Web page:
The rapid growth of American foreign trade has transformed this country's economic life over the past decade. Exports and imports have almost doubled, in relation to the country's output, since 1970. As always, there have been winners and losers. The winners have been farmers, the coal miners and the high-technology industries like aircraft and computers. The losers have been, in generation, the industries with well-known, middle-range technologies that are now being widely disseminated throughout the world.
Expanding foreign trade has always created jobs for Americans faster than it has destroyed them. But the worker whose industry is threatened by imports is not necessarily ressured to hear that his job will be replaced by two others, in different kinds of work and in other parts of the country. To keep trade expanding over the next decade, with the prospect of slow economic growth for the whole industrial world, will be hard. The political friction is going to be ferocious, as governments get drawn increasingly into the world-wide struggles for markets, resources and investment.
The other day President Carter signed the executive order reorganizing the U.S. government's trade operations. The shuffle of offices and titles will mean little to most people. What counts is the new operation's success in a mission that is, unavoidably, ambiguous. Most members of Congress would probably say that they want a policy that will push exports, hold down imports, balance the trade account and create more jobs here. Since most other governments are trying to do precisely the same things, trade requires skillful diplomacy.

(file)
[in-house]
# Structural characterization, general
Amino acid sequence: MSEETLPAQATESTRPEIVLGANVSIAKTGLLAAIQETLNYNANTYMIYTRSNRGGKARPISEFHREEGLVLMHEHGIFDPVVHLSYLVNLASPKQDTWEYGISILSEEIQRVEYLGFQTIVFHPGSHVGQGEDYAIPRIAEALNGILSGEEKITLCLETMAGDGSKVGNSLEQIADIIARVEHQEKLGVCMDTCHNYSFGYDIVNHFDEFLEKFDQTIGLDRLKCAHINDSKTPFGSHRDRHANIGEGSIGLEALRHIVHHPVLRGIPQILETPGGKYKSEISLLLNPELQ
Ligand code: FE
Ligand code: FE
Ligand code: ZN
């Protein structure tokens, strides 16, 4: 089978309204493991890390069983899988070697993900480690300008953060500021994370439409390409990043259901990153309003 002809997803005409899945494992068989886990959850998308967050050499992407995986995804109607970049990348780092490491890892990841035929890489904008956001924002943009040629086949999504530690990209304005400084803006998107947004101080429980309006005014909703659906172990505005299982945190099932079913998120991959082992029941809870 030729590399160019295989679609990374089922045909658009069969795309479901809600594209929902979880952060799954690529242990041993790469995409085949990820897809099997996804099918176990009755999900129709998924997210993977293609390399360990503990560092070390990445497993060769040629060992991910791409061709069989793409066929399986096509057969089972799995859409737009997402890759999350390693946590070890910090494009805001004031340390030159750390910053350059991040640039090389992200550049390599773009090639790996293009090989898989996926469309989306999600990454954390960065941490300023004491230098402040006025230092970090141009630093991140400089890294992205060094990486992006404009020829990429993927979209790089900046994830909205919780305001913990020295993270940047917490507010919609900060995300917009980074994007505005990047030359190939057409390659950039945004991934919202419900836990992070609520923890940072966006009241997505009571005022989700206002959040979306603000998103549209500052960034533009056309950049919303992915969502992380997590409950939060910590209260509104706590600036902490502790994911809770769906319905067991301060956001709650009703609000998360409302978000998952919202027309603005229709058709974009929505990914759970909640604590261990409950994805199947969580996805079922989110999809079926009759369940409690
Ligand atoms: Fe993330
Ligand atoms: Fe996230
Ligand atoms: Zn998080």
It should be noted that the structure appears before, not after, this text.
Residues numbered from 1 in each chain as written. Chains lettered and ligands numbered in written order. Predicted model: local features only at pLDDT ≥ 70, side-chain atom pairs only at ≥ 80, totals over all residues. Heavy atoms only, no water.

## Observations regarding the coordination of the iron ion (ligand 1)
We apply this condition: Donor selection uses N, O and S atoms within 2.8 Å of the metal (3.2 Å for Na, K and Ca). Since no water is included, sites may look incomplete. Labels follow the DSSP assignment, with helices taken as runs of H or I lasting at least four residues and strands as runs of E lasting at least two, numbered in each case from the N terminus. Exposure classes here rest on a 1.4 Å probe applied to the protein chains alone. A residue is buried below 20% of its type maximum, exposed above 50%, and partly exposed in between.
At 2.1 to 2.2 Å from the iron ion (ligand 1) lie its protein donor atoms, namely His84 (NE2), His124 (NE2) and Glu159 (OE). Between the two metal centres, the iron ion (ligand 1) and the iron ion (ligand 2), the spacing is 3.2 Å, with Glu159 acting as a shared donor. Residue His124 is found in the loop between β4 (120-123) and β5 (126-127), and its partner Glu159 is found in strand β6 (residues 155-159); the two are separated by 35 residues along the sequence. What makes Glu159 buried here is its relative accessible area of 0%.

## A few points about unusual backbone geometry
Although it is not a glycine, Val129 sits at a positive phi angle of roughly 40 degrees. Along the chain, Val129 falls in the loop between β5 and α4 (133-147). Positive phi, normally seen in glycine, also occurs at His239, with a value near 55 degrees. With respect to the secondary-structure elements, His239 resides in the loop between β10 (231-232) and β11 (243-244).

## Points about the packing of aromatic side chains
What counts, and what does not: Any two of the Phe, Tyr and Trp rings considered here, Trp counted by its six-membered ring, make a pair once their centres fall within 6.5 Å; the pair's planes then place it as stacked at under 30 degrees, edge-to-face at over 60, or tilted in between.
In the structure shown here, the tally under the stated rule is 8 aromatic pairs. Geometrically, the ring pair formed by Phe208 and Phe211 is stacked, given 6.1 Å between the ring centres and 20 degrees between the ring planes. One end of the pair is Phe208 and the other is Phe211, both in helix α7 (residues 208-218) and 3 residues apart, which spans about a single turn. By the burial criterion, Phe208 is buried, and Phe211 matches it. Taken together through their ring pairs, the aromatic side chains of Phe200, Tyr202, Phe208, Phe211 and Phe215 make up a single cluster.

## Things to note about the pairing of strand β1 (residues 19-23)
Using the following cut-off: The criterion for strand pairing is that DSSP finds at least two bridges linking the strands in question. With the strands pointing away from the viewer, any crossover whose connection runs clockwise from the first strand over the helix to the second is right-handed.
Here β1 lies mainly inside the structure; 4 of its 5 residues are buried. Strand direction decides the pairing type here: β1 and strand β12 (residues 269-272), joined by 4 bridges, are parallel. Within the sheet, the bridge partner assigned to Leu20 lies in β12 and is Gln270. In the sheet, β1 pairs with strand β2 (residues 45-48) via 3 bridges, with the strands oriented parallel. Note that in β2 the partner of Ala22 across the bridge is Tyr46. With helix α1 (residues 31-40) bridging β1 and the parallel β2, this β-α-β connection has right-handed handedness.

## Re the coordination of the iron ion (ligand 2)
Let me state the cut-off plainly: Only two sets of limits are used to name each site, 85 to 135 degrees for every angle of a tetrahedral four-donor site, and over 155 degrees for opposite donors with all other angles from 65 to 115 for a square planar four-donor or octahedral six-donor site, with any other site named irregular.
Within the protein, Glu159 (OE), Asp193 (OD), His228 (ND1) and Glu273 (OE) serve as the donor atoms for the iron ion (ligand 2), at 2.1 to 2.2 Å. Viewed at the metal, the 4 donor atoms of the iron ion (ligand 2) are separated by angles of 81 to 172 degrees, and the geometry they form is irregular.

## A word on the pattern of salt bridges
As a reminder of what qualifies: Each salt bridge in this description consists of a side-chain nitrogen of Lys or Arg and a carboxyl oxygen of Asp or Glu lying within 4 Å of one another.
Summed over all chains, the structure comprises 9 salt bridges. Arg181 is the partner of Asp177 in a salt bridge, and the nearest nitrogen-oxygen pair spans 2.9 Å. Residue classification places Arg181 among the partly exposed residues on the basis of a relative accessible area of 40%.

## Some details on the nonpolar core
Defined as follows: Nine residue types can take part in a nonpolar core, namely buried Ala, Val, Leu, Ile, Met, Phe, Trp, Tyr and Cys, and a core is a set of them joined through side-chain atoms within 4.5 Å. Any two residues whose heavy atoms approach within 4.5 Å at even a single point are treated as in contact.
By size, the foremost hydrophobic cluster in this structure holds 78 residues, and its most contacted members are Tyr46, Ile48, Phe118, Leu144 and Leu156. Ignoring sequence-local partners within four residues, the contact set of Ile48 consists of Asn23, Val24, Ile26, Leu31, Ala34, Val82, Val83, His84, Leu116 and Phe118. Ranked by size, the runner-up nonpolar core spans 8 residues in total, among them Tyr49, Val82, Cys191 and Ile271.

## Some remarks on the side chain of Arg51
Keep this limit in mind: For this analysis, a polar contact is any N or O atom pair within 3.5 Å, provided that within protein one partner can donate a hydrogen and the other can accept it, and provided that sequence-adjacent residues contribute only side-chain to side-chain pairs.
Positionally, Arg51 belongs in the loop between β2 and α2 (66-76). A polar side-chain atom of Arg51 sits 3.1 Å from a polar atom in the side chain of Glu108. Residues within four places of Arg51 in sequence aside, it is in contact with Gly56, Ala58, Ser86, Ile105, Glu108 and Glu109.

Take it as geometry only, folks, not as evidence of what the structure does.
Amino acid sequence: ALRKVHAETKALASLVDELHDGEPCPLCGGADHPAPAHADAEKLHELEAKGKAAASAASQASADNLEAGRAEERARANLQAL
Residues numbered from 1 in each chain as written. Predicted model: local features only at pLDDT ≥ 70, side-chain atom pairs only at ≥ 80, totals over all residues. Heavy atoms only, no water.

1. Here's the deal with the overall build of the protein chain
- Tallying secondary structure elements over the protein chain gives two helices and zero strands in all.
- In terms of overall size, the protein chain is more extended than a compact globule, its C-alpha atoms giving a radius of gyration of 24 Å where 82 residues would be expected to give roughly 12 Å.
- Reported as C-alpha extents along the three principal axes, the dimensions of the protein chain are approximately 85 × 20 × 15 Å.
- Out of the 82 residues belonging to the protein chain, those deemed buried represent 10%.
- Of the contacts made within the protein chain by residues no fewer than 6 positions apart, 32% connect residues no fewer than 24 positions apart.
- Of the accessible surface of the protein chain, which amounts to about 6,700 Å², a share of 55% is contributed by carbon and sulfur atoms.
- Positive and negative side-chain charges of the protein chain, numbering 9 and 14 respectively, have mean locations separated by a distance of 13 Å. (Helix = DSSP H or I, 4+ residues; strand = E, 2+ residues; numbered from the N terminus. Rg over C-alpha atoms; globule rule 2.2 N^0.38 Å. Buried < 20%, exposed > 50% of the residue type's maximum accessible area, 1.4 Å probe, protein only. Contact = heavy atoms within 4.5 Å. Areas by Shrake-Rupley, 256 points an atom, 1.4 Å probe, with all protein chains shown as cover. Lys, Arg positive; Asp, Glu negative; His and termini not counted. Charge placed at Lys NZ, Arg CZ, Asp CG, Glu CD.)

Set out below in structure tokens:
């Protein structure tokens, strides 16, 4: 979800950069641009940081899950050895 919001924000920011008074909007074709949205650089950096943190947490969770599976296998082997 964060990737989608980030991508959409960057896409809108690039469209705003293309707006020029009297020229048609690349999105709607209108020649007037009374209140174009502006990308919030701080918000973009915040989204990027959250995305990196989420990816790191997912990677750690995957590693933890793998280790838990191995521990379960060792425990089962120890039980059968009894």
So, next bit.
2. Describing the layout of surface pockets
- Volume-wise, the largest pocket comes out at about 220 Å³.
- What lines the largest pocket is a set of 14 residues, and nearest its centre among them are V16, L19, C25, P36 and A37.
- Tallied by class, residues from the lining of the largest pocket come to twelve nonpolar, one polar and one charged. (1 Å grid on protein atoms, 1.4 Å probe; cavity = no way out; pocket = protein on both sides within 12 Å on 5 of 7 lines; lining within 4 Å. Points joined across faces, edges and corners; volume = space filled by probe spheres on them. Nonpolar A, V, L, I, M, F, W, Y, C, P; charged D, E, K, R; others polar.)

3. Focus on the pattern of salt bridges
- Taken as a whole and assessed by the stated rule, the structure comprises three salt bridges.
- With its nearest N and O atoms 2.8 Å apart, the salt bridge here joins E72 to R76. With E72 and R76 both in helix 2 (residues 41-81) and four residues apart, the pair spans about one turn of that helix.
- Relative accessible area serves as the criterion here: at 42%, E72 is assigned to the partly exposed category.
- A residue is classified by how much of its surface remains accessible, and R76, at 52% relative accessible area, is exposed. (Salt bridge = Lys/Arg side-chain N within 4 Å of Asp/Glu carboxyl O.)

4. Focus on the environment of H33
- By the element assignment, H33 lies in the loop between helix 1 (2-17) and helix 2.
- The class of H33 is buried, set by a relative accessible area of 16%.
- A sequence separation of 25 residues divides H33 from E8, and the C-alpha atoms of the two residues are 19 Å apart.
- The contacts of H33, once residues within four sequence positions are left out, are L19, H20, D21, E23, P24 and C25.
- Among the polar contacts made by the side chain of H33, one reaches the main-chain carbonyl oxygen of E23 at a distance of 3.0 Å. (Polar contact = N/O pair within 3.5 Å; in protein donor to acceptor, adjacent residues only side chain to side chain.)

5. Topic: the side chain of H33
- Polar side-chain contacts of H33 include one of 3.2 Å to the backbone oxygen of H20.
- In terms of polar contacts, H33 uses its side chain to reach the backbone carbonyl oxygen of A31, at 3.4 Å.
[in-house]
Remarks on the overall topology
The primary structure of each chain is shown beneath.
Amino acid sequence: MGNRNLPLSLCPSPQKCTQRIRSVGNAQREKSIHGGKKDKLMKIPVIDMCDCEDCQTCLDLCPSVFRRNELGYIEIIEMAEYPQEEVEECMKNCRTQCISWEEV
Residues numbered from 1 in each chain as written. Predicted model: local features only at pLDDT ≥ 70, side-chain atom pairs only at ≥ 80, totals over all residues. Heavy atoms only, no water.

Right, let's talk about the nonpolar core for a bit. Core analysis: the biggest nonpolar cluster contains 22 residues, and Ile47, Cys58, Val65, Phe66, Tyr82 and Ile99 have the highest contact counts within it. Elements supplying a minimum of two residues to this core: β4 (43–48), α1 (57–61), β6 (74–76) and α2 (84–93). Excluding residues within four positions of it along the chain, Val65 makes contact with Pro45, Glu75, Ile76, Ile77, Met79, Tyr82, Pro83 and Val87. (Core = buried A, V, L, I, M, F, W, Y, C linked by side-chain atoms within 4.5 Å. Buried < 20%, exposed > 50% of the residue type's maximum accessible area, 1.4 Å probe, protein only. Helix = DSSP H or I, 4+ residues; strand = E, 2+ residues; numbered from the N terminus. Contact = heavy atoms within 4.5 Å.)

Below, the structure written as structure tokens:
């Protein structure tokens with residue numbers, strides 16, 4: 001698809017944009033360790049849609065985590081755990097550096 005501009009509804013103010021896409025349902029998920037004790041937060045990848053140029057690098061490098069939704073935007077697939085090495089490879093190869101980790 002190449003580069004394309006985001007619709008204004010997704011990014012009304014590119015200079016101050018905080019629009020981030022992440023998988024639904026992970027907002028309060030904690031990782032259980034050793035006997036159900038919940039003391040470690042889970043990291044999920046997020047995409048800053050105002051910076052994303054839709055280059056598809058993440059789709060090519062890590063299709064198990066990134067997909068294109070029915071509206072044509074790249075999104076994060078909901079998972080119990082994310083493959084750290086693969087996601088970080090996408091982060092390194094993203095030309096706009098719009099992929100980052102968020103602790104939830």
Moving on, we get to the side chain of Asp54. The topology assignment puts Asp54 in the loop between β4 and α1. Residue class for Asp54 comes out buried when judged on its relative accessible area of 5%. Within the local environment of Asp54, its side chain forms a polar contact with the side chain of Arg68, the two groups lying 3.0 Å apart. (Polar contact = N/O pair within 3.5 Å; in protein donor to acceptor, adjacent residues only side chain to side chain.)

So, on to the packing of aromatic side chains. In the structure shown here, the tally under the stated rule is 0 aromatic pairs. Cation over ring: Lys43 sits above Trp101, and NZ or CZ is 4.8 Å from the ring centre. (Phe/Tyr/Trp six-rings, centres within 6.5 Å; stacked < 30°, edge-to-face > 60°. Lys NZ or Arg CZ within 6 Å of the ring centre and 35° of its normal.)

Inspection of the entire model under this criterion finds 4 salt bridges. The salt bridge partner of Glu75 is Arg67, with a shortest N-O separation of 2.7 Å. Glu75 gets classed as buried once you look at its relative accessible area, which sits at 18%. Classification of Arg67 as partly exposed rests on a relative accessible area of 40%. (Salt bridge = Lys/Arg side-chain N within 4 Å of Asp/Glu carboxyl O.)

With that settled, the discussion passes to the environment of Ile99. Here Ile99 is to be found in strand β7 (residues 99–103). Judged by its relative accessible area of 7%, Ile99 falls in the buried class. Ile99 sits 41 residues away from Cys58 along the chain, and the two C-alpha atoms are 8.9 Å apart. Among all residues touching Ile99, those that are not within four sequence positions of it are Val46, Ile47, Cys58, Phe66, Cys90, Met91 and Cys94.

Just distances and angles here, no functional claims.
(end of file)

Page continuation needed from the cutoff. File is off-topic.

Mr. Carter's trade representive, Reubin Askew, has to deal with an American steel industry that is overbuilt and has lost most of its foreign customers to the new steel mills in the underdeveloped countries to which it used to sell. Should he encourage Toyota to manufacture cars here in the United States? (Answer: yes, he should.) And, by the way, how far is the United States prepared to go in giving the developing countries access to its market with products like shoes, textiles -- and steel?
In synthetic fibers, the United States is on the other end of the issue. American exports to Europe are booming -- and the European Common Market is suing. The synthetics are based on petroleum, and the Europeans claim that American oil price controls constitute an illegal subsidy. (They have a point.) Mr. Askew will now also preside over the negotiation of the codes to regulate and limit, among other things, government subsidies to exports.
Mr. Askew is in a terrible spot for a politician. The better he does his job, the less you are likely to hear about it. But American living standards aren't likely to rise if American trade doesn't keep expanding.